Happy Birthday Signmark!

Today is the birthday of deaf Finnish rap artist Signmark. He was born Marko Vuoriheimo in Helsinki on June 26, 1978. He's now 38
years old.

Saturday, June 25, 2016

Deaf Teacher's Quest Inspires Student

image from Maryland Governor's office
of the Deaf & Hard of Hearing
Students at the Maryland School for the Deaf are silently marking Keith Nolan's attempt to join the armed services. He's been told "no" for more than a decade because he is deaf. His determination has led to passage of a House bill bearing his name — the Keith Nolan Air Force Deaf Demonstration Act of 2015, which called for a demonstration program, according to the Associated Press. Read the full story here.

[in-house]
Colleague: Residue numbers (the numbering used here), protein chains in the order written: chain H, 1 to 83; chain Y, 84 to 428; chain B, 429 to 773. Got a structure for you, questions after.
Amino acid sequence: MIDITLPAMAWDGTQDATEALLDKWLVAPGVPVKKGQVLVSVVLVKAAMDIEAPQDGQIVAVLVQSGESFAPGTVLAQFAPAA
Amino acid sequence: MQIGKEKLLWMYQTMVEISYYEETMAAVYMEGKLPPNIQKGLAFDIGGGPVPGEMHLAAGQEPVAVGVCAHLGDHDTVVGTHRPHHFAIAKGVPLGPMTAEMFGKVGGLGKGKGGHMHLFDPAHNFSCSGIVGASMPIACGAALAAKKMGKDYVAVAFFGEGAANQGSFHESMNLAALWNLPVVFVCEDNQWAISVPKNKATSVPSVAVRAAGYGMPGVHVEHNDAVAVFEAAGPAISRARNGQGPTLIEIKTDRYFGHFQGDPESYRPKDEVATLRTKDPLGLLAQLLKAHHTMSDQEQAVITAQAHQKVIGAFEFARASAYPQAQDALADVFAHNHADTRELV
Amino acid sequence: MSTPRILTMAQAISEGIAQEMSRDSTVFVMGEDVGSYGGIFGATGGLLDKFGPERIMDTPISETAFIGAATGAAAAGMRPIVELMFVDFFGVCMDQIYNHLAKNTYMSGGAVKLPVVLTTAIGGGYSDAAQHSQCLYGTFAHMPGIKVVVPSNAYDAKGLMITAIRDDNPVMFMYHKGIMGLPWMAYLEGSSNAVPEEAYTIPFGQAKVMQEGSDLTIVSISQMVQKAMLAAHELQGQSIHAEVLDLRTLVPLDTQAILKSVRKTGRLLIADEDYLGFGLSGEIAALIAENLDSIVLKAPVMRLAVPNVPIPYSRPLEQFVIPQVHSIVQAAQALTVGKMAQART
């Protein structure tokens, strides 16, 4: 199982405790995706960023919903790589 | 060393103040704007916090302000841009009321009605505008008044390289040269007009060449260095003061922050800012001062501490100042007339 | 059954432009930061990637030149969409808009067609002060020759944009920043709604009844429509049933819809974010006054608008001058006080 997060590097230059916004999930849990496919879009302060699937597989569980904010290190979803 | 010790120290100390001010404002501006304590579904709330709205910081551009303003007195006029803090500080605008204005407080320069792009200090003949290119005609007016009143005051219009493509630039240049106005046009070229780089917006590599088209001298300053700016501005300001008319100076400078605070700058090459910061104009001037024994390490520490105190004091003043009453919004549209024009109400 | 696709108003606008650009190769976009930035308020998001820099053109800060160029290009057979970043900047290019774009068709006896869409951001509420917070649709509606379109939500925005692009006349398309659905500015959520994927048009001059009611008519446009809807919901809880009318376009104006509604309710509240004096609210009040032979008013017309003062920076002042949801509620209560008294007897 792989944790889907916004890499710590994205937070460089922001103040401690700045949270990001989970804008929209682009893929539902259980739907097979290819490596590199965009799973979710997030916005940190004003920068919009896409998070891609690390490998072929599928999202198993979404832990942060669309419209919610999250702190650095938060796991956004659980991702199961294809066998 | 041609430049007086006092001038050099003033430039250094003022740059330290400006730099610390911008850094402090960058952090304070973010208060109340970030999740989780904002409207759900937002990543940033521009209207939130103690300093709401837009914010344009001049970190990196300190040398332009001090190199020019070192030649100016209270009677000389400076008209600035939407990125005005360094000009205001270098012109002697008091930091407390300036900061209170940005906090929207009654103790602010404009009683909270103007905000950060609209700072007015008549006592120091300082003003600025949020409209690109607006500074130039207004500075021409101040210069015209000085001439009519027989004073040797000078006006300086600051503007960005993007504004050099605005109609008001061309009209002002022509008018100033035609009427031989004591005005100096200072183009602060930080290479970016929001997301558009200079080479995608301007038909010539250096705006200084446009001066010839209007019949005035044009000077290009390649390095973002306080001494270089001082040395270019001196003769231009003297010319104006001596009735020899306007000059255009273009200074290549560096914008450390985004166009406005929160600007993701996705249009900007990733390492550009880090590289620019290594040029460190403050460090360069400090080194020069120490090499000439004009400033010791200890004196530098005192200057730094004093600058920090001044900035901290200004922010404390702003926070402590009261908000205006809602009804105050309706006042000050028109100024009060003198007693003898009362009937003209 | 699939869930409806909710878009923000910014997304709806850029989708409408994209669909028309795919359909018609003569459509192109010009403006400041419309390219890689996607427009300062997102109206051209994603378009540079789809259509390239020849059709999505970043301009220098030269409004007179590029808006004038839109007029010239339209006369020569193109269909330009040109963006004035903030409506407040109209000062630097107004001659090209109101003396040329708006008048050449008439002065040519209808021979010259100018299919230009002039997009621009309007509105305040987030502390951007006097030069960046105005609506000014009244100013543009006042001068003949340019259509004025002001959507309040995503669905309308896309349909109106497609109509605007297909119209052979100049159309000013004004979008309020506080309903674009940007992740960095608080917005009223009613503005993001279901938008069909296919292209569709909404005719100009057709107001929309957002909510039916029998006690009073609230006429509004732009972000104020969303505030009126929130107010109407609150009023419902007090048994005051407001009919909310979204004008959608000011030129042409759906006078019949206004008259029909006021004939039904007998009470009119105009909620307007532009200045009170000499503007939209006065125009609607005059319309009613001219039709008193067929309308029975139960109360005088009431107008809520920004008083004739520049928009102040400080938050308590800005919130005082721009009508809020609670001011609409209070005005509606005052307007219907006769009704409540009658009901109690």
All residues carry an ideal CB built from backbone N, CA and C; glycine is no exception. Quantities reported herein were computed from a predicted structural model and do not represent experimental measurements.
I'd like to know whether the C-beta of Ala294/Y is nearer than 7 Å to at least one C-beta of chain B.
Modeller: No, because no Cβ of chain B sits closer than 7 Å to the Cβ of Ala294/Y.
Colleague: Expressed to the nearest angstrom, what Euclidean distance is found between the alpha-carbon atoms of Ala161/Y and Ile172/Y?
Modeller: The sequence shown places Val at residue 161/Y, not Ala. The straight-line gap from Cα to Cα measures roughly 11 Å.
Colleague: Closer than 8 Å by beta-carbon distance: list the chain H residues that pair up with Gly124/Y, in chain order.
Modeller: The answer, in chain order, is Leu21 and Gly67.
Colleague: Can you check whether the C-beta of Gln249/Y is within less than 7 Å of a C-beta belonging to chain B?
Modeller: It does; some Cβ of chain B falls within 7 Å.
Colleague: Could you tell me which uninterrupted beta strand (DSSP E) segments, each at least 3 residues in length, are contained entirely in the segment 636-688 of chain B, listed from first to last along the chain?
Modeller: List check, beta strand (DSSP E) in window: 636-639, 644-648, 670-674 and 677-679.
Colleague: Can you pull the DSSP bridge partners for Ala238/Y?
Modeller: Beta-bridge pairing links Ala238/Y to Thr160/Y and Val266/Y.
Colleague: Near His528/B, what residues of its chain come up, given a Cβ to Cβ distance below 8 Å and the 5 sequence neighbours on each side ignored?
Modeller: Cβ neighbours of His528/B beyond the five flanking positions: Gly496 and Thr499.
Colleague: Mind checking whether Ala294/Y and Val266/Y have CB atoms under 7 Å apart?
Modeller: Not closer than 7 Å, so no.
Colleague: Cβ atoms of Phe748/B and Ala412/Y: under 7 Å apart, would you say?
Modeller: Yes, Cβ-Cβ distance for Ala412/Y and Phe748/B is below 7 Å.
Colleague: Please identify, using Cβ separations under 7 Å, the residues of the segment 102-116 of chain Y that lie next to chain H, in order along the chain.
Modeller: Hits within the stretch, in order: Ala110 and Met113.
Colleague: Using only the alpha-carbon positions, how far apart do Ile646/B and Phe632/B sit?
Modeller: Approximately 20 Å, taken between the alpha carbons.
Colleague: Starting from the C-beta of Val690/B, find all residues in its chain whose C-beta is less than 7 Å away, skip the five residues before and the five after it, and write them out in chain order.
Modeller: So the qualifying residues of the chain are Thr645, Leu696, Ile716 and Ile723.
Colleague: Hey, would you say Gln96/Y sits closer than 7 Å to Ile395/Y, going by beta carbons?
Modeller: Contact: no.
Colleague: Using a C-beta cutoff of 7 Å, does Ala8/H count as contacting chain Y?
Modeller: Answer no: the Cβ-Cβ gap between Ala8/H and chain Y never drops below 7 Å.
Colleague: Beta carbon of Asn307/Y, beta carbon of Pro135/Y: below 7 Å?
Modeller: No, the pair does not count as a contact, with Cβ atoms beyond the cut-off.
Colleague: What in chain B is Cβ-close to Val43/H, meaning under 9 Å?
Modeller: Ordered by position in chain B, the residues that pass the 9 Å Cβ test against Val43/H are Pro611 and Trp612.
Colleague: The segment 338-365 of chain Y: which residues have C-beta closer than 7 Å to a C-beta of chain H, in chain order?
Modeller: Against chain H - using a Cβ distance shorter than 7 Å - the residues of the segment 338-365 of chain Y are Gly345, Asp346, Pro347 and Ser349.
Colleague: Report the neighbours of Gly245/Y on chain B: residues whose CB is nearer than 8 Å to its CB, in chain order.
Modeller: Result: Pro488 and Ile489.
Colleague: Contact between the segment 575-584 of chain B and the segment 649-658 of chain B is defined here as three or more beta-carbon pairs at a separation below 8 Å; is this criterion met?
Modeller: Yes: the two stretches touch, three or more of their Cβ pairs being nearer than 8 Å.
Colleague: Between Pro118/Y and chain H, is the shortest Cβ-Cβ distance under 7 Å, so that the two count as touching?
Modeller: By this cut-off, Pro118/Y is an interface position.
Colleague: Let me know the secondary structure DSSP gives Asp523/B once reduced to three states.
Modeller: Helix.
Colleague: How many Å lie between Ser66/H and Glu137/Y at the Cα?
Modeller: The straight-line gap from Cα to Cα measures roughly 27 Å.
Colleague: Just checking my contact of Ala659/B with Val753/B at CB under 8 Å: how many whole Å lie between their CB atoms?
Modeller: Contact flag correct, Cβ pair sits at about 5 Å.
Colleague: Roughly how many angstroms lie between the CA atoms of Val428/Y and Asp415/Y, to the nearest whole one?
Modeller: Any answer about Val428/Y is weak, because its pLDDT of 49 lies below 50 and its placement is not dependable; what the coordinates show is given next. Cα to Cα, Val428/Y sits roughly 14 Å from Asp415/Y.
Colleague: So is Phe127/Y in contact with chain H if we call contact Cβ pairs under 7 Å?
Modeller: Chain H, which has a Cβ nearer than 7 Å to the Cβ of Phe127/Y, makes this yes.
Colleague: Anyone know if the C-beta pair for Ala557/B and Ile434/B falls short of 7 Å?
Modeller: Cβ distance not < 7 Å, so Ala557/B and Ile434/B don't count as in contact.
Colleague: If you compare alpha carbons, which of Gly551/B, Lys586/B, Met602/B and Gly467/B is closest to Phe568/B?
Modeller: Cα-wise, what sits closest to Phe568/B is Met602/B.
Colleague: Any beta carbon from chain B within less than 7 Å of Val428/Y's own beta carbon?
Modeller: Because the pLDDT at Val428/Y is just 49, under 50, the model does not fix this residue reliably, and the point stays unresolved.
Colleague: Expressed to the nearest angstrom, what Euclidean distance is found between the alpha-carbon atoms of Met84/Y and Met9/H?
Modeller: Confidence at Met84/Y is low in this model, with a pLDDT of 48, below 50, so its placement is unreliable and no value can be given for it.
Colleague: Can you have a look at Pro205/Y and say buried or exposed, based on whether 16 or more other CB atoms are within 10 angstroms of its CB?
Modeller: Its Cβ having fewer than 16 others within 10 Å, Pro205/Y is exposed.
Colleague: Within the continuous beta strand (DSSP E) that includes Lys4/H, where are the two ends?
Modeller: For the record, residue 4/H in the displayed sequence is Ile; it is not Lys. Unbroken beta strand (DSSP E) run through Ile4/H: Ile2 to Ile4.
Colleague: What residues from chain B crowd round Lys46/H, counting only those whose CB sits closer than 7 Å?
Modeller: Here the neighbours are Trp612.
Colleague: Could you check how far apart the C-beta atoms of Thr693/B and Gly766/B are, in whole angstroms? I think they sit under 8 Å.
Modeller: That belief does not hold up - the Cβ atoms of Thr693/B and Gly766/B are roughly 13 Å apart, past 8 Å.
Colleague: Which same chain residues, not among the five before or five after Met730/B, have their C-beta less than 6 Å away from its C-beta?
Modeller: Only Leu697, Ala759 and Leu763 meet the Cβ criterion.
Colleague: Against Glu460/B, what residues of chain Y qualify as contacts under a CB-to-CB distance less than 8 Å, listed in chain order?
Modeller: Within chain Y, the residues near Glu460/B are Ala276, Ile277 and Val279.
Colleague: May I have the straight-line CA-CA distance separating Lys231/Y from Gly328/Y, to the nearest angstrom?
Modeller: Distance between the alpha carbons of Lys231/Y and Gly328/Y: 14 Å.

Friday, June 24, 2016

Scam seeks donations for deaf students

Someone is going around several Michigan communities and asking for donations to "help send kids from the Michigan School for the Deaf to play football in Washington, D.C." But "police and school officials say the fundraiser isn’t real and an alleged scammer or a group of people bent on fraud has been raking in the cash." Read more here.

Thursday, June 23, 2016

Getting to Know... The Father of the Internet

Vinton Cerf